It was highway robbery, but they called it civil asset forfeiture.
On the last day of his 2,400-mile drive to start a new life on the West Coast, Matt Lee found himself on the side of the road, his belongings combed through, and drug dogs sniffing his car. Why? Because Lee made the mistake of telling Humboldt County, Nevada, sheriff’s deputy Lee Dove that he had $2,400 in cash. Lee chronicled what happened in the Silver Pinyon Journal, and it reads like a dark, twisted version of the cop-comedy Super Troopers (language warning).
The deputy claimed that he was interested only in people traveling with more than $10,000. (After all, Lee was assured, it is not illegal to have cash.) Lulled into a false sense of security, Lee told the deputy about the money he had stowed in his trunk for the move, a gift from his father to help him get started with the next chapter of his life.
Deputy Dove emptied the contents of Lee’s car onto the side of the road, sliced open his bags, and questioned his “cover story” that he was off to start fresh in California. The deputy found no evidence of drugs or illegal activity, but in the world of civil asset forfeiture, you don’t need to in order to seize someone’s property. The deputy wrote Lee a receipt for his money, then seized it on the pretense that he suspected Lee of traveling cross-country to buy illegal narcotics.
Despite “suspecting” Lee of being a drug runner, he did not arrest him or charge him with any crime, which highlights one of the more disturbing elements of civil asset forfeiture: It incentivizes law enforcement to go after cash prizes that are easily seized and profited by, drawing resources and attention away from other law enforcement priorities, such as arresting criminals. Even in some instances where the money seized likely is drug money, drivers are offered their freedom in exchange for the cash, no questions asked.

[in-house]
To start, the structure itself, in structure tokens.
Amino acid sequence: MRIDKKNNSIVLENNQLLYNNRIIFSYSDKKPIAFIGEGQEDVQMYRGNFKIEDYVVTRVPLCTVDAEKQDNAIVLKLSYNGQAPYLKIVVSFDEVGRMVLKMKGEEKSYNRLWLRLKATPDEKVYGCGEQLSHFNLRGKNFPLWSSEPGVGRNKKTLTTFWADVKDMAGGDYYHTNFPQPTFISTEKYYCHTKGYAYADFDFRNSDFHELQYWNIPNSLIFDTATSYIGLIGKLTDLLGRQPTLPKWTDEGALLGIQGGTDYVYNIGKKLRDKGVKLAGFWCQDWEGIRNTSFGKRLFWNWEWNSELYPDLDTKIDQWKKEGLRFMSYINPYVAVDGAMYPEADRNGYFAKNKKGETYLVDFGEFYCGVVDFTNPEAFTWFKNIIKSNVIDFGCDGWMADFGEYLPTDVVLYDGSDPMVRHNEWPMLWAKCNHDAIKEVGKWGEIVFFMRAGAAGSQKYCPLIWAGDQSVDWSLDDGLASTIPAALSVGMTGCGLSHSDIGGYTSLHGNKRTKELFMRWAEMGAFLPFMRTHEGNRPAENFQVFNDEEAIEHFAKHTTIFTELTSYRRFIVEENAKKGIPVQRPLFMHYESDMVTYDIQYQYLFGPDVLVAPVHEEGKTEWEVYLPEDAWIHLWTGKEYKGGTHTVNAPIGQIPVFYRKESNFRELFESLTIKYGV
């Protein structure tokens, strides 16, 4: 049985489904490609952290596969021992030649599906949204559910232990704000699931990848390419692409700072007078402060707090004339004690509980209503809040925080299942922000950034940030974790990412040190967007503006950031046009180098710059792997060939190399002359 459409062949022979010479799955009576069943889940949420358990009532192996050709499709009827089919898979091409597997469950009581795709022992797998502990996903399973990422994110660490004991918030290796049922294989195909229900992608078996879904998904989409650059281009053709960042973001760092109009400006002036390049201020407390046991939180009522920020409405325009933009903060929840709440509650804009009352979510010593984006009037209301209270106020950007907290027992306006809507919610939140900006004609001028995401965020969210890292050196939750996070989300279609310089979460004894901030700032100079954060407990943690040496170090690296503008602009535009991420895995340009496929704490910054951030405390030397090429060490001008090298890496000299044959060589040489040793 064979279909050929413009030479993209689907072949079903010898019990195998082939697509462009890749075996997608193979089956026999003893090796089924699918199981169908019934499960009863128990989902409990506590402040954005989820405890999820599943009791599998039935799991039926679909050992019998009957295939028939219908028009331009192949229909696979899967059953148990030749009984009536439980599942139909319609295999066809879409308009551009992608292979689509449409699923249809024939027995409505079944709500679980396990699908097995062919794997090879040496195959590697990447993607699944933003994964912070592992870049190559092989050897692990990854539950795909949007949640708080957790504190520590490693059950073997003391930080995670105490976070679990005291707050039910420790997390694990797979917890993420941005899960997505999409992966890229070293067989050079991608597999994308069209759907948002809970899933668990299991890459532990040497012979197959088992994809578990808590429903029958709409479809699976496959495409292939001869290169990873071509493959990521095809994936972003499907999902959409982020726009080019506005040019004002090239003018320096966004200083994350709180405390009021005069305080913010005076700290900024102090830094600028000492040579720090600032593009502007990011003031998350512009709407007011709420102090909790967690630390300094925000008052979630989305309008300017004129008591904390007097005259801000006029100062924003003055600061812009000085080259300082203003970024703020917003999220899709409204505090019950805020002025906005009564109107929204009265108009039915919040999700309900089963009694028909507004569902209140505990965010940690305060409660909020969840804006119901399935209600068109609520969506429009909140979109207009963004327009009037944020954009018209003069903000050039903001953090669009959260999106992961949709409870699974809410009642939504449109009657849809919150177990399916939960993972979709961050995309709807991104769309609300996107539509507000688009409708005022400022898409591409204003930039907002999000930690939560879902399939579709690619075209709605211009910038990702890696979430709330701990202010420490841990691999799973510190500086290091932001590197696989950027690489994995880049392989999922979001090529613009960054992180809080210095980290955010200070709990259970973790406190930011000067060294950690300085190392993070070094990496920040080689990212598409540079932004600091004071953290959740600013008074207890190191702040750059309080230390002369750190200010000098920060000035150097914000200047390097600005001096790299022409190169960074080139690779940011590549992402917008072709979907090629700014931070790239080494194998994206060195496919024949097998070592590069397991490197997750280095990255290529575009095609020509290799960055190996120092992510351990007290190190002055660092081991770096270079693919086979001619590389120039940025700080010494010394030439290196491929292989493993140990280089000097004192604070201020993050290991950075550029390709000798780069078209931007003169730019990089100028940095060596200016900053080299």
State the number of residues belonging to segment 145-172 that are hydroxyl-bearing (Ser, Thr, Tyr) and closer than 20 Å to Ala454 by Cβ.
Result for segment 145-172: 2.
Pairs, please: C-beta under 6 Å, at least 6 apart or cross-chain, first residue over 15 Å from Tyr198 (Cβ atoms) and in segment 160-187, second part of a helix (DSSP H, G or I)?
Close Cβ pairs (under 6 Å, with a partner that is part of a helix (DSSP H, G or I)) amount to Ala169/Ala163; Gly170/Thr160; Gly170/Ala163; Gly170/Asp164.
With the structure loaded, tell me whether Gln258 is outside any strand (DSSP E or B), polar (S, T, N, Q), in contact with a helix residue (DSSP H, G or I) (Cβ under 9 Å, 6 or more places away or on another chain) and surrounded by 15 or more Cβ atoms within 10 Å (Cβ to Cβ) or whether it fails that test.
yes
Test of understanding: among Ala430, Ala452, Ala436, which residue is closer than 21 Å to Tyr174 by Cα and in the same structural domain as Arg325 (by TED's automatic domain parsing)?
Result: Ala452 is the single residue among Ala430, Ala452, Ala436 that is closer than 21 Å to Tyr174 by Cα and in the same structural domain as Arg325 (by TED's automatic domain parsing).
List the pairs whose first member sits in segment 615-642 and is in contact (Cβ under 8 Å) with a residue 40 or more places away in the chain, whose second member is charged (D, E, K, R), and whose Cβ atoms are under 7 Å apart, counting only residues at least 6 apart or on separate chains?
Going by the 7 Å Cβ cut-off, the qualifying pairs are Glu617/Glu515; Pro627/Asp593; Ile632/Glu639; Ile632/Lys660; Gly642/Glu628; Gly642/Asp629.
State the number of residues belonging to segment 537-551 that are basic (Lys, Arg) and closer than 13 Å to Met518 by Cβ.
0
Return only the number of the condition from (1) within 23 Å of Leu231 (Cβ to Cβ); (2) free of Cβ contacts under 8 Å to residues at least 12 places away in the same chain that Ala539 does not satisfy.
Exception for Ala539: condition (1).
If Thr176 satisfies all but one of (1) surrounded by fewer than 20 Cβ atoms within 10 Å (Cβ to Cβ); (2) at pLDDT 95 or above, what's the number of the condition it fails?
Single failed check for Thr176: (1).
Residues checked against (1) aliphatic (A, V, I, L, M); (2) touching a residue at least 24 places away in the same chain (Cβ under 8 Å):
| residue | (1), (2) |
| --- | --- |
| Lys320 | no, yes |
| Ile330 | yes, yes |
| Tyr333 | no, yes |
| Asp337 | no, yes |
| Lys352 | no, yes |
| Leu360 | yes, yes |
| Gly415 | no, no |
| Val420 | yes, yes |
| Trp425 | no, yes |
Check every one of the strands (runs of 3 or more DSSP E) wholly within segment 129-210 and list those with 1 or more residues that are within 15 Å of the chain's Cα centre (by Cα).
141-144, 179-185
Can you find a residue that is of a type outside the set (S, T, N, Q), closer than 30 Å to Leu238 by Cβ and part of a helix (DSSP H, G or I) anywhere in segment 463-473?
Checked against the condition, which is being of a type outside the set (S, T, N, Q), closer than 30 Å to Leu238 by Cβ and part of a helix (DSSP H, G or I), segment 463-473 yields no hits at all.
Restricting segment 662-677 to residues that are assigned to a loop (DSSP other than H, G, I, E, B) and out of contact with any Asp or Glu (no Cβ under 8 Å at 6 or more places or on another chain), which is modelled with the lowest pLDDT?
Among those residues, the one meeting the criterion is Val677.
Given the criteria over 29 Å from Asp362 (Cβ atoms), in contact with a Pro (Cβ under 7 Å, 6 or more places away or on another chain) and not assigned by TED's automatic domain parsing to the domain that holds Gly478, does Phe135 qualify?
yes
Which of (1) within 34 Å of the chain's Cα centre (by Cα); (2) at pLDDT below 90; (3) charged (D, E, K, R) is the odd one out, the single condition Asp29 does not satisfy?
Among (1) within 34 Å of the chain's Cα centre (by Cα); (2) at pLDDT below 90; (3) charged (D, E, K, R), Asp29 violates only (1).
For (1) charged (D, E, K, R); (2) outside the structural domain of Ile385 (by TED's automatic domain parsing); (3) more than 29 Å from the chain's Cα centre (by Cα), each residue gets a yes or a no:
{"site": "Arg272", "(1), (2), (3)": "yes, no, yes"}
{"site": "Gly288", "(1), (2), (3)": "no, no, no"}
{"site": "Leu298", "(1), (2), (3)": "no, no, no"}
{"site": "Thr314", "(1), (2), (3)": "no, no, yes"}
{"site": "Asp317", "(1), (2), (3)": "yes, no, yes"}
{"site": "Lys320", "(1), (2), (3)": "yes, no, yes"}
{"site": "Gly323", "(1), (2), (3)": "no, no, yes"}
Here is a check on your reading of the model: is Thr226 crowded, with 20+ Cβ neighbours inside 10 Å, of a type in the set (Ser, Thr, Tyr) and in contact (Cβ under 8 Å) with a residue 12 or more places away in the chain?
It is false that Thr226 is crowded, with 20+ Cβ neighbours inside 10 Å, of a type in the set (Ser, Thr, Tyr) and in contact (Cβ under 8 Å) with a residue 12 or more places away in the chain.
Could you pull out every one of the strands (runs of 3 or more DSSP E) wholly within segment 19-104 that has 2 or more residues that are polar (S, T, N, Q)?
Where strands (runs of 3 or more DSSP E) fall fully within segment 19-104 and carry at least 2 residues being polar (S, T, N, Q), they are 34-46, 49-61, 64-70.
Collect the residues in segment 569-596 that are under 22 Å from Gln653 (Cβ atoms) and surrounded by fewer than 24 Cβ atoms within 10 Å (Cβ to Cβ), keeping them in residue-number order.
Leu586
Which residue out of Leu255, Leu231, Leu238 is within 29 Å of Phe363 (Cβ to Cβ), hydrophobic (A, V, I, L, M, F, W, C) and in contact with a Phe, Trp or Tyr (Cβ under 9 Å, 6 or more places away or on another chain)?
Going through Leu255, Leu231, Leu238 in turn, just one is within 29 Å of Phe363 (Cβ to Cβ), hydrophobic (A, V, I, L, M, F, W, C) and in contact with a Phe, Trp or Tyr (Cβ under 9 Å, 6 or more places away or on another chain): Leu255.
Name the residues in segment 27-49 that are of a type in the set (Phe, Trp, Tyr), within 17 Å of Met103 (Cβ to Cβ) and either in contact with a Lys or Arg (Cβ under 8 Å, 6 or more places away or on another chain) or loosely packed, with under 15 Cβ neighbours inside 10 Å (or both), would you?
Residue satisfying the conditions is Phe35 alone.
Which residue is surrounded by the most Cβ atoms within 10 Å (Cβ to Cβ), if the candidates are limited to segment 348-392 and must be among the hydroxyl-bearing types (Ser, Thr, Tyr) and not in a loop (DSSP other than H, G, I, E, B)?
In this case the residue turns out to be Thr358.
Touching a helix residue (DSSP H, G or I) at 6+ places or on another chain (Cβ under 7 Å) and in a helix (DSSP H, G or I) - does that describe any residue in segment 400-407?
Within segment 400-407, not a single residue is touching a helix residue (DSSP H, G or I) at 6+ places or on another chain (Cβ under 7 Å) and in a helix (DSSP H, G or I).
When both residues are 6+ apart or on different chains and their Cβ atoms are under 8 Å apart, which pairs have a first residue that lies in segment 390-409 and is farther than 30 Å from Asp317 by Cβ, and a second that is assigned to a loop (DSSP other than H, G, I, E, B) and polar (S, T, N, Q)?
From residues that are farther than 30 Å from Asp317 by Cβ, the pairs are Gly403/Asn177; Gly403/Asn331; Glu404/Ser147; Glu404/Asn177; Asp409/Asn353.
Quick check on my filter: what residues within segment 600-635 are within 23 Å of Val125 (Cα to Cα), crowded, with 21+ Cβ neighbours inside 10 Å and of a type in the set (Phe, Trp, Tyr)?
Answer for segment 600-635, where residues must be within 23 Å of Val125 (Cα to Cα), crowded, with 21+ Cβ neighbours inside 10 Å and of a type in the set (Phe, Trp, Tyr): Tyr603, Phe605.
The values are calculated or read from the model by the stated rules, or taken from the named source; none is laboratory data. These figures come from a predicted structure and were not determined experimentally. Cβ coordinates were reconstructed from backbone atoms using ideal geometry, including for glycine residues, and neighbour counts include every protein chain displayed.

Matt Lee was lucky. Just this week, nearly three years after the fact, Humboldt County agreed to return his $2,400. But that might never have occurred if another man, Tan Nguyen, hadn’t also been the victim of highway robbery at the hands of the very same Deputy Lee Dove. Nguyen had $50,000 in casino winnings seized on (alleged) suspicion that it was drug money. Nguyen sued in federal court, and Humboldt County settled, returning all of Nguyen’s money—plus, in a rare victory, a $10,000 sum to cover his attorney’s fees. In the process, the county also returned Lee’s money.
The district attorney’s office announced it is launching an internal review of civil asset forfeiture practices in Humboldt County but in almost the same breath assured everyone that nothing illegal or wrong is going on.
If cops behaving like robbers is not wrong, then what is?